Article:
The St Clare's College website was hacked to display white Arabic text on a black background with "scary" music playing in an apparent reference to Islamic State over the weekend.
The school is reviewing its security to avoid a repeat of the incident, but principal Paul Carroll said all student information and college data was kept secure despite the website's "face" being compromised for about one hour on Saturday.
A former student's father, who declined to be named, said he contacted the National Security Hotline after his daughter showed him the website.
"The background was all black and there was scary music with an IS [Islamic State] flag at the top," he said.
"It was this dark, frightening, Islamic thing with something about threats to non-Muslims."
Mr Carroll said the school's IT staff restored the website as soon as they were alerted to the attack and the National Security Hotline was informed, but there were no threats to students or staff.
"There was no personal message to me or anyone here … because of the [Arabic] language on the front it suggests it was a crusade to attack people from all over the place," he said.
"There was some English that said: 'you've been attacked', 'you've been hacked' and it also had it in Arabic."
The girl's father said it was sad to see the school harassed in such a "violent way" especially with its 50th birthday celebrations approaching.
"What has that school ever done that was anti-Muslim?" he said.
"For sleepy little Canberra it's a bit of a shock to see that on the website of a quiet girls' school in Griffith."
Mr Carroll said the combination of Arabic and English text used on the website suggested the hacking originated from the Middle East or Pakistan area, but he did not see the messages before they were removed.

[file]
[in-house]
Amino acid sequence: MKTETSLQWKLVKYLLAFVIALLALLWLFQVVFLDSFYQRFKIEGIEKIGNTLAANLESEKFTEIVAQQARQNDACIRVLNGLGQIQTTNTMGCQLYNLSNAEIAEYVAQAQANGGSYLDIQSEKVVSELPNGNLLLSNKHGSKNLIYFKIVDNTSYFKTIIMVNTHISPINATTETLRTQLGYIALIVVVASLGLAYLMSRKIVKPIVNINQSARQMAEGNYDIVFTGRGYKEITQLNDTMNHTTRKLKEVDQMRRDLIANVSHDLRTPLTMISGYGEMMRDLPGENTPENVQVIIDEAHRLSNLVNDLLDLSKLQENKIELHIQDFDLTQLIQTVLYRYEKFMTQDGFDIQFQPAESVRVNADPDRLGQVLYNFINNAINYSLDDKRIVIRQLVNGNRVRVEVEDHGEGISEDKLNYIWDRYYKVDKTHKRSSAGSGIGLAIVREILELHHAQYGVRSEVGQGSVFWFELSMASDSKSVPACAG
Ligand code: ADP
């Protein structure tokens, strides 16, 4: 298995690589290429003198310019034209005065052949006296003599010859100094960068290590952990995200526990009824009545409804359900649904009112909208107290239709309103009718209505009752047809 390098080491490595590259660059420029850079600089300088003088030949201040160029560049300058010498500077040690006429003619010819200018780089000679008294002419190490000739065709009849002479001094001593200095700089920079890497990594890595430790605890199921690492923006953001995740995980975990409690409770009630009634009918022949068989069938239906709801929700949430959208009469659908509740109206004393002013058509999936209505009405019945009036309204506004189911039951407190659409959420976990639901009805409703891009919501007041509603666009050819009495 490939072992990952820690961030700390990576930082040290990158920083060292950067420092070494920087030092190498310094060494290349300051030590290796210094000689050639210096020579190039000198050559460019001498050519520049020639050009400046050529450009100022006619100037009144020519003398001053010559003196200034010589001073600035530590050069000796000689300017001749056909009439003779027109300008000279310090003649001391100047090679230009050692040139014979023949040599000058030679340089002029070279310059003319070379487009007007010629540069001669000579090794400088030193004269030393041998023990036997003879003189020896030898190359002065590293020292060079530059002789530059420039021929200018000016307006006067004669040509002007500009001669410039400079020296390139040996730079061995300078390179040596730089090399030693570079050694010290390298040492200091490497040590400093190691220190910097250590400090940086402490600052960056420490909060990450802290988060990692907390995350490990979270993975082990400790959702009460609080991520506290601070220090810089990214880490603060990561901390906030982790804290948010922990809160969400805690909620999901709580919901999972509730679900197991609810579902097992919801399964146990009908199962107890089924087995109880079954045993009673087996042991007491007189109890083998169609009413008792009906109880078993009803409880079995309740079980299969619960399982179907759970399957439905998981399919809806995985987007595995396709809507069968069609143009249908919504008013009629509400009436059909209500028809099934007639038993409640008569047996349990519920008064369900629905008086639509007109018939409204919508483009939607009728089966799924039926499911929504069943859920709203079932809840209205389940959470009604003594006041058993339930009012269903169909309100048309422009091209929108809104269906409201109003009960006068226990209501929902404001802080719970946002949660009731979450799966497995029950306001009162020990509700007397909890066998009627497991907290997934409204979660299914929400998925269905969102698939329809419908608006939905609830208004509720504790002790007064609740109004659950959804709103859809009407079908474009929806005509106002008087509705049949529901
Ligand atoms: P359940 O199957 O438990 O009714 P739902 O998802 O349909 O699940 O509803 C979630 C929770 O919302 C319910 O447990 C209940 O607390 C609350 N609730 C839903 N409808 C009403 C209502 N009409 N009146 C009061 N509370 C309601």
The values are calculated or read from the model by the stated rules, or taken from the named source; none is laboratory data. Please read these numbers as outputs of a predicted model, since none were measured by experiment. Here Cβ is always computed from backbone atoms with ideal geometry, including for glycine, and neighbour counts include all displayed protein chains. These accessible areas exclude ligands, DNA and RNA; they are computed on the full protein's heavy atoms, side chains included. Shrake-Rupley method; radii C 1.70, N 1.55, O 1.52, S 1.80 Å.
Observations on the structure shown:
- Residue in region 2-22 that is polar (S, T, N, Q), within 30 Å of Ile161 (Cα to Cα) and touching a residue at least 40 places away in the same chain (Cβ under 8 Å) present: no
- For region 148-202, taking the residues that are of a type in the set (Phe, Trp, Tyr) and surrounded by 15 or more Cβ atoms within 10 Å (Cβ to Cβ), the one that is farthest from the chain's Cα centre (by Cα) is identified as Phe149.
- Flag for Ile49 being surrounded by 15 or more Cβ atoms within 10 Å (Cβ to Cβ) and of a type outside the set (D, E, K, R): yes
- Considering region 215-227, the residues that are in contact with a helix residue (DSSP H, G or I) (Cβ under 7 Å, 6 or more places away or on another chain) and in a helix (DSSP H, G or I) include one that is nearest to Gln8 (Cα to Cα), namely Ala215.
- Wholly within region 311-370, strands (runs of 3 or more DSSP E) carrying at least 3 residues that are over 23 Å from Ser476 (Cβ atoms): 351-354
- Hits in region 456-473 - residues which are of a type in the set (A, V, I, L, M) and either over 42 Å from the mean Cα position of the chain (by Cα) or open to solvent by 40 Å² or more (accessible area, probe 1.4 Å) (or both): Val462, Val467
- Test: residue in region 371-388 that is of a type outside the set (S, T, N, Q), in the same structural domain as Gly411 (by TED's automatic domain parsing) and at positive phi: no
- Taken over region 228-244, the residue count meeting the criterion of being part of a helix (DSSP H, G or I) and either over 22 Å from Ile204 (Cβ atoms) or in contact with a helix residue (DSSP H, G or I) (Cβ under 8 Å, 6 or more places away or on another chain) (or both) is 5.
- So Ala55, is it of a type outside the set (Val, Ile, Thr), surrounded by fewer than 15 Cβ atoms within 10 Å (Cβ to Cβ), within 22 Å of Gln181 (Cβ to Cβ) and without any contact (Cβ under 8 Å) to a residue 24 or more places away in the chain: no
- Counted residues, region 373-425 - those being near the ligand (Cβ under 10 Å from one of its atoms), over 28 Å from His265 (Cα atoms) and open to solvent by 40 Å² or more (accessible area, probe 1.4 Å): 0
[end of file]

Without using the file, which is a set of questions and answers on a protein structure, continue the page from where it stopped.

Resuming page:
He said the website appeared to be have been attacked at random and he did not believe it was because of the school's Catholic denomination.
"It's not unusual for these things to happen," he said.
"They'll be doing it to other websites across the world. It's just a nuisance."
"We didn't read anything into it individually."
Mr Carroll said the school always reviewed its security, but a commercial IT team had been hired to investigate current security arrangements to avoid a recurrence.
"This is going to be part and parcel of technology," he said.
"There are always people spending their lives being a nuisance if they have the time and resources."
He wrote to parents on Monday explaining what happened and saying there was "no cause for alarm".
An ACT Policing spokesman said the incident was not reported, but anyone who suspected a private website had been hacked should contact the Australian Cybercrime Online Reporting Network.
The Hobart International Airport website was hacked with a statement supporting Islamic State last month.
At the time Tasmania Police said thousands of identical messages had been posted on websites worldwide since late 2014.
Last week, a Canberra woman claimed her teenager's Facebook account had been hacked by a member of Islamic State, but the incident was found to be a false alarm.